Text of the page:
This was despite confirming ahead of time our attendance was requested by the residents association—and after properly signing into the facility as media.
In a phone call later that evening, Jestrabek-Hart said she was “shocked” the press was prevented from remaining.
“People need to know what they’re doing to us,” she said. “We don’t have a voice any other way.”
Jestrabek-Hart said they did their best to plead their case to the corporate rep. During the meeting, Ndomo gave them a glimmer of hope they might be able to win a rent reduction, depending on individual circumstances, she added.
Meeting minutes show Ndomo was asked for details about executive pay packages, but she was unable to provide this information.
And residents raised concerns that they were being asked to pay more while service levels and food quality have declined.
Ndomo replied the company had to raise rates to compete for labor with the new Target location in town.
In an interview after the meeting, Sveen explained that, recently, residents even had to step in to facilitate activities when a staff member got infected with the coronavirus.
And then, he returned to his dinner of trout and baked potatoes.
Insider Seizes Opportunity
The next day, Brookdale board member Frank M. Bumstead bought 50,000 “BKD” shares for $154,415, according to an SEC filing reported by benzinga.com, suggesting the 10%+ owner believes the company’s value is on its way up.
That afternoon, Matzie, the ombudsman, said he understands residents were facing “significant” rent increases around the 12-17% range.
The problem, he explained, is that Assembly Bill 1482—the California Tenant Protection Act of 2019—doesn’t apply to long-term care homes.
“They’re basically free to set their own rates and charge whatever residents are willing to pay,” he said. “There’s no current protection.”
And while operators are required to notify residents of upcoming changes in a timely manner, Matzie continued, their legal counsel hadn’t found anything wrong with Brookdale’s letters to Scotts Valley residents.
But during the Nov. 16 meeting, residents complained that while increase notices were dated Oct. 21, many didn’t receive them in their mailboxes until partway through this month.
Sheri Sobin, 74, who’s been at Brookdale in Scotts Valley for a year-and-a-half, said her rent’s going up by $1,029 (more than 13%).
“There’s people here who are really frightened,” she said.
Not So Rosy Picture
Brookdale President and CEO Cindy Baier sang a bright tune when she reported the company’s Q3 results, on Nov. 8.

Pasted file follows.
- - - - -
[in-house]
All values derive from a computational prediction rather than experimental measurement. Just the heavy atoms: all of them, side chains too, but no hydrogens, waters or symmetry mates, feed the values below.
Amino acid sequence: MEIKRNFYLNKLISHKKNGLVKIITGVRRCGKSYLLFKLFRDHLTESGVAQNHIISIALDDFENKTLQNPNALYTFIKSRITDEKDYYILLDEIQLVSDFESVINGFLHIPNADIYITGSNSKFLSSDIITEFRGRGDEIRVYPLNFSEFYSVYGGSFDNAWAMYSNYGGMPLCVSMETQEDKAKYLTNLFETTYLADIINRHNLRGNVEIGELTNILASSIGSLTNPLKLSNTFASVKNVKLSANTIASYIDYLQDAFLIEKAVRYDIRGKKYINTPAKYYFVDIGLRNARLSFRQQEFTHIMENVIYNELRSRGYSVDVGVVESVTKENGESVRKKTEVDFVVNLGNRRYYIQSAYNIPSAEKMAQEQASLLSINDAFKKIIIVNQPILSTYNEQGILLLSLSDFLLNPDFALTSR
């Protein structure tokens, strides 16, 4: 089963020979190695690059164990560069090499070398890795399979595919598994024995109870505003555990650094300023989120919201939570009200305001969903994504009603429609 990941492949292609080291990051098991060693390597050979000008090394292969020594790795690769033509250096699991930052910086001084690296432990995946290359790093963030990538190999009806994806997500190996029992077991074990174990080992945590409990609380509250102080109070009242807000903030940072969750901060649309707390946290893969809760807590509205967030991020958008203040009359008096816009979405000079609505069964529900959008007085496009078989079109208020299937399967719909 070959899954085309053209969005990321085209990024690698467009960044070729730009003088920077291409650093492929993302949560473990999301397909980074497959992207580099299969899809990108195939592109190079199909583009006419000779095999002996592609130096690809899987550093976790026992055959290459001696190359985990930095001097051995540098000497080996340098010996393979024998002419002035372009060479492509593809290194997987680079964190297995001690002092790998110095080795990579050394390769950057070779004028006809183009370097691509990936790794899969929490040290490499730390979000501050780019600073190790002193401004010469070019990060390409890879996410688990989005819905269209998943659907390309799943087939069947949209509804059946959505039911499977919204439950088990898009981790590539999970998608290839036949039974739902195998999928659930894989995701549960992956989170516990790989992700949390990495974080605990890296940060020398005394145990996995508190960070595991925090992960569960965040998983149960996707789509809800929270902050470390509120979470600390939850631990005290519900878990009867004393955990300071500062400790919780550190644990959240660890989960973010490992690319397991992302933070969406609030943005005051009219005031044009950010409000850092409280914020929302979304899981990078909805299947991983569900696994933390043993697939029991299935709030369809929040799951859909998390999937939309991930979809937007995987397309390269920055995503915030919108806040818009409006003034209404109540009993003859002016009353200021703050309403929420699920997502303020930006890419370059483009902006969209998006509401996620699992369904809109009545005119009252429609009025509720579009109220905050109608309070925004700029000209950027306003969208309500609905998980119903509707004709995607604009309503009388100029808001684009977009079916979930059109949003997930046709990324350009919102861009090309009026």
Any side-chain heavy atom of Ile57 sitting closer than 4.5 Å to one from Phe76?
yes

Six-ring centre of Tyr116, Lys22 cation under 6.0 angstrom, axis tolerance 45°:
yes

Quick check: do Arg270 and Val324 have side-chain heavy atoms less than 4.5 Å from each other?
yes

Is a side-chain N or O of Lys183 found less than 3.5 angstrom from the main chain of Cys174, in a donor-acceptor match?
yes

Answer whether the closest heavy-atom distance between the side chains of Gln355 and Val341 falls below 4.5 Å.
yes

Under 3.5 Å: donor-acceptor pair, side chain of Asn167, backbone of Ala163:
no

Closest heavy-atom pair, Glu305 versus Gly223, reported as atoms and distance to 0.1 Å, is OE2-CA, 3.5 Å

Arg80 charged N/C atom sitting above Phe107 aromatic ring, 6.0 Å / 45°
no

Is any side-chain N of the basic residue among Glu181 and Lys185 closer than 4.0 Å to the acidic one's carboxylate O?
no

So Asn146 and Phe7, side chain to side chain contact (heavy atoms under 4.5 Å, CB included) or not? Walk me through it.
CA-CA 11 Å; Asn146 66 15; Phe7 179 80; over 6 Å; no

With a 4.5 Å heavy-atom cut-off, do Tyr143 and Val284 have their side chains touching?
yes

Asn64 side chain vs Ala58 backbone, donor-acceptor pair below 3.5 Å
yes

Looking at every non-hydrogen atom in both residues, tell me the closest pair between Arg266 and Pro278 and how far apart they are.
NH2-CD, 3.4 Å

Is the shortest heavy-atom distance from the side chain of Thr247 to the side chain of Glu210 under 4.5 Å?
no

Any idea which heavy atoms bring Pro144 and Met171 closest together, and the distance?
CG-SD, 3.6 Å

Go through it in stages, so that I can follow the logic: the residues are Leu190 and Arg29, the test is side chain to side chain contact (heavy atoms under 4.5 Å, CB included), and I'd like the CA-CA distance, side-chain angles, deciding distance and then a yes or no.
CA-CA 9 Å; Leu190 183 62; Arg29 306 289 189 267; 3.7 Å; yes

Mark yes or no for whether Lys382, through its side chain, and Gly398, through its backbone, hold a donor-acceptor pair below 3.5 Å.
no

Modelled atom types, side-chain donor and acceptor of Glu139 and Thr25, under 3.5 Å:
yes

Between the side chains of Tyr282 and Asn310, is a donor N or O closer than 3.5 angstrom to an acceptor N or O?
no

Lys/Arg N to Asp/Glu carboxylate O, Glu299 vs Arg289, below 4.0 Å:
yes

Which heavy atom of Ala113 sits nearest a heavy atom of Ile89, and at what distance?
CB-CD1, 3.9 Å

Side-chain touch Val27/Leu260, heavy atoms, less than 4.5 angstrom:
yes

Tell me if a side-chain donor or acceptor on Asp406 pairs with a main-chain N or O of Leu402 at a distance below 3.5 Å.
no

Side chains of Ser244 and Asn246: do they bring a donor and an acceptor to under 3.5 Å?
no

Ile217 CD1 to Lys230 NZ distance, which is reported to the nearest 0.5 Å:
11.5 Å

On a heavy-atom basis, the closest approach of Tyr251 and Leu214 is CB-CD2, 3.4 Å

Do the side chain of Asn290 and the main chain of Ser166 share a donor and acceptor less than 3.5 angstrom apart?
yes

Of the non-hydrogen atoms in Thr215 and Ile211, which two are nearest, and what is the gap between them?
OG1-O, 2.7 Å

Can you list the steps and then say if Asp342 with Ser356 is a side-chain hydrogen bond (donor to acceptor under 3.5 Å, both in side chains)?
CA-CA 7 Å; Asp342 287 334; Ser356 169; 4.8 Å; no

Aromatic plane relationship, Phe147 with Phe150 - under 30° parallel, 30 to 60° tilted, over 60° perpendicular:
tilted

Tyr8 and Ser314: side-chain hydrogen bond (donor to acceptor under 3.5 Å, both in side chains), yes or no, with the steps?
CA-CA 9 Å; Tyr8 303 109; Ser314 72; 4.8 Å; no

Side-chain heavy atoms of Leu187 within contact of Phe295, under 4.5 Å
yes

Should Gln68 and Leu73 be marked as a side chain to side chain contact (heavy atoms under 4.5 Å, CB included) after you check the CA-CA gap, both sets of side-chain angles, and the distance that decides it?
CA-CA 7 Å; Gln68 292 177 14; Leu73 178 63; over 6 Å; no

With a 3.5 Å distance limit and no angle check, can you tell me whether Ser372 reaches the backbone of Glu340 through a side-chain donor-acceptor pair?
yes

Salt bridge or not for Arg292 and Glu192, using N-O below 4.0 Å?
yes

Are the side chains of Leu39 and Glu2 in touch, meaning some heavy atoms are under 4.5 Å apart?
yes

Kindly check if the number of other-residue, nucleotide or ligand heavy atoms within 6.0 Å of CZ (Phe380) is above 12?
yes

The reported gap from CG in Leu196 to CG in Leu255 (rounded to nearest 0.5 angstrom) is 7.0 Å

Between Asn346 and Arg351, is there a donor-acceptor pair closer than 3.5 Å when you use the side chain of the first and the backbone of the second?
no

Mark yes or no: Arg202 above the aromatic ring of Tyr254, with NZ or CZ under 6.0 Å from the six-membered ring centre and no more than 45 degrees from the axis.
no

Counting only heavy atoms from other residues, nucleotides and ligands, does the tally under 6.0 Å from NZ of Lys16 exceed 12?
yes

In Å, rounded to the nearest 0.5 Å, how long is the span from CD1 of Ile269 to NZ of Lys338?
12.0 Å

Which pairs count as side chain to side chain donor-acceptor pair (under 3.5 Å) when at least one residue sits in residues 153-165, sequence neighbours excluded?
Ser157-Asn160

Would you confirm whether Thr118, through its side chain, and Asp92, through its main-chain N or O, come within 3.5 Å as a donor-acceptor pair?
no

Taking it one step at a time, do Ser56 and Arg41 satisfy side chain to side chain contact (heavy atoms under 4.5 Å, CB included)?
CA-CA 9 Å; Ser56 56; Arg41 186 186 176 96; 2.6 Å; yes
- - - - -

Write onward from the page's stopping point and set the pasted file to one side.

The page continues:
“Our senior housing revenue growth was strong,” she said, noting per-room revenue had increased 10%.
Brian Tanquilut, a healthcare analyst for Jefferies & Co., asked if Brookdale was headed for “growth” territory, next year.
In response, Steven Swain, Brookdale’s chief financial officer painted a picture where the firm’s value soars.
“It appears we are at the beginning of somewhat of a supercycle—meaning, we believe occupancy growth coupled with strong rate increases will drive EBITDA [a key profit measure] in 2023 … This year, 2023 average in-place resident rate increases will be over 10%. So, this, of course, will have a significant benefit to the bottom line,” Swain said.
Contacted a couple weeks later, Scotts Valley Mayor Donna Lind said she was unaware the local seniors were contending with such large rent increases.
“They’re a private company,” Lind said, noting there’s little the City can do to step in. “But that does seem awfully high. Especially right now. Especially for seniors.”
Plus, she was concerned on a personal level. After all, her own former mother-in-law is planning on moving into Brookdale in the coming months.
“Too often there’s no way for seniors to speak up,” she said, adding it reminded her of elder abuse cases she worked while an officer at the Scotts Valley Police Department.
On Tuesday, Lind tried calling Brookdale headquarters herself. She identified herself as the mayor of Scotts Valley and asked for a meeting with a company official. The Brookdale receptionist gave her the media relations phone number, but declined to put her in touch with a local contact, Lind said.